Institute of Epidemiology & Health Care


Ouomou Longley

Oumou Longley
What attracted you to study your programme at UCL?

Having visited UCL before applying, I was already captivated by the atmosphere on campus. When this was paired with the quality of research that UCL put out, and their global ranking and prestige, I was of course drawn to study here. At school, I was always attracted to many different subjects, I chose to apply to the BSc Population Health programme because the multidisciplinary nature of the course allowed me, to some extent, to continue this. It allowed me to maintain my interest in the broader subject area of health, disease, social and population factors. 

What are your future goals post-graduation?

Once I have finished my undergraduate degree, I plan to take on further study. The department has really helped me to realise my enjoyment in learning, and with a range of MSc courses available, I hope to continue this here.

What do you like about your programme and why?

As a relatively new programme, the quality of learning feels really rich due to the small class sizes and the willingness of tutors and lecturers to support and help students in the department. Also, it is engaging to learn about topics, such as the social determinants of health, and frontiers of knowledge in population health, that reflect society in a way that is useful for our careers/ life outside of the degree.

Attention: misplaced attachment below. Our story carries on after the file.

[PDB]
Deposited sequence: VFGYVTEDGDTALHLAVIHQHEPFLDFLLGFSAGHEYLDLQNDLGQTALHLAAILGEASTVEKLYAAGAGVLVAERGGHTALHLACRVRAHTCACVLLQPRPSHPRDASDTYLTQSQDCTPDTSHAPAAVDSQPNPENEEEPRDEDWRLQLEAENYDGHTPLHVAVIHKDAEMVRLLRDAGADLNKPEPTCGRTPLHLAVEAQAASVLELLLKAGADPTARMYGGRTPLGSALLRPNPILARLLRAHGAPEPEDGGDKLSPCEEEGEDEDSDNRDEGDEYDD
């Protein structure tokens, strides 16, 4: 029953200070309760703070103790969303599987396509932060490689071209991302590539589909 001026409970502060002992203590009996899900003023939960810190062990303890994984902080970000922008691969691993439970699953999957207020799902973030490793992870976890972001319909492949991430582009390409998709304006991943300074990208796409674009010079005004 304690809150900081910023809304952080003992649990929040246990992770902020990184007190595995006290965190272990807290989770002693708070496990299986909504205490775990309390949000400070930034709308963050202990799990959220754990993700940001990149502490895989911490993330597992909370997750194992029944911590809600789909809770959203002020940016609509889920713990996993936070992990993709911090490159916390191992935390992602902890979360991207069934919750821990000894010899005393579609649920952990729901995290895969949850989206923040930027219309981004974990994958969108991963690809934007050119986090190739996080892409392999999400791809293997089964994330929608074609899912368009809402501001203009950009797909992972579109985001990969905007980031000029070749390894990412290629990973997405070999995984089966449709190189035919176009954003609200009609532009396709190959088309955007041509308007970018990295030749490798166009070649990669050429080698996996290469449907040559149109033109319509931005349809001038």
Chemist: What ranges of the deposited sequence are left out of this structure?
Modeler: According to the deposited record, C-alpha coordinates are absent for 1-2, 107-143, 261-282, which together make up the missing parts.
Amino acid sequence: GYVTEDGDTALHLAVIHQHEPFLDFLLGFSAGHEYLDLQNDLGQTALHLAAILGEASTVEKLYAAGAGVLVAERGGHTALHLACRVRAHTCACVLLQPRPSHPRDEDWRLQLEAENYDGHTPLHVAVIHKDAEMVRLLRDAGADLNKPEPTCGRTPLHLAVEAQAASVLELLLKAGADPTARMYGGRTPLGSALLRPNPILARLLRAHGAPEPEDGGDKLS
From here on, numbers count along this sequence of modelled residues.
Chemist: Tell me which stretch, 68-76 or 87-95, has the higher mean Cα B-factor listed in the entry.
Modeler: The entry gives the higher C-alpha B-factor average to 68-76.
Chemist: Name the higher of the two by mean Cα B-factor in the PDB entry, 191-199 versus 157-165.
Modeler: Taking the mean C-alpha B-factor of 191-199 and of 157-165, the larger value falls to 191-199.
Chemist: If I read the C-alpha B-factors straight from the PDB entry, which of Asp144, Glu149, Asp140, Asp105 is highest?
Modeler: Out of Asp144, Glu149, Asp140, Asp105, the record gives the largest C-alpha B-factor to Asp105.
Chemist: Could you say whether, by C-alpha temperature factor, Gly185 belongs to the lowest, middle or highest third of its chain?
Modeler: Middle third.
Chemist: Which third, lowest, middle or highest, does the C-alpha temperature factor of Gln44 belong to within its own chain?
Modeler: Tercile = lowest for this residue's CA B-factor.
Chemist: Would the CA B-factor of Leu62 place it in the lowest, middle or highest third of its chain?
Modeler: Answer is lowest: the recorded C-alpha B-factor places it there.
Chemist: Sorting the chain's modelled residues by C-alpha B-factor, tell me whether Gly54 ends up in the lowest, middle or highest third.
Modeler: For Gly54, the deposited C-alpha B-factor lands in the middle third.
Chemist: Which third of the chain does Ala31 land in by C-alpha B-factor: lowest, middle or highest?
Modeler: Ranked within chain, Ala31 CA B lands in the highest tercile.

What can a student expect to learn on this course?

We learn a lot of statistical skills on the course, they are challenging but vital for future employment, and give students the power to analyse their own data for their own research at a highly advanced level. We also learn a lot about the ways of monitoring, measuring and analysing health, as well as studying diseases and the biological processes that make them work, and up to date advances in health and bodily sciences. We have also looked at health from a sociological perspective evaluating how the ideas of sociologists such as Durkheim and Foucault have framed our perceptions of health.  

What were you doing before you became a student at UCL?

Before studying at UCL I took 2 years out of education, where I moved to London and worked.

What piece of advice would you give to new students? 

Utilise the support offered by the department! Also make sure to engage in the events/ panels/ talks that are put on at the university outside of your degree, by societies etc. They can be really interesting and bring another dimension into what you already learn in lectures.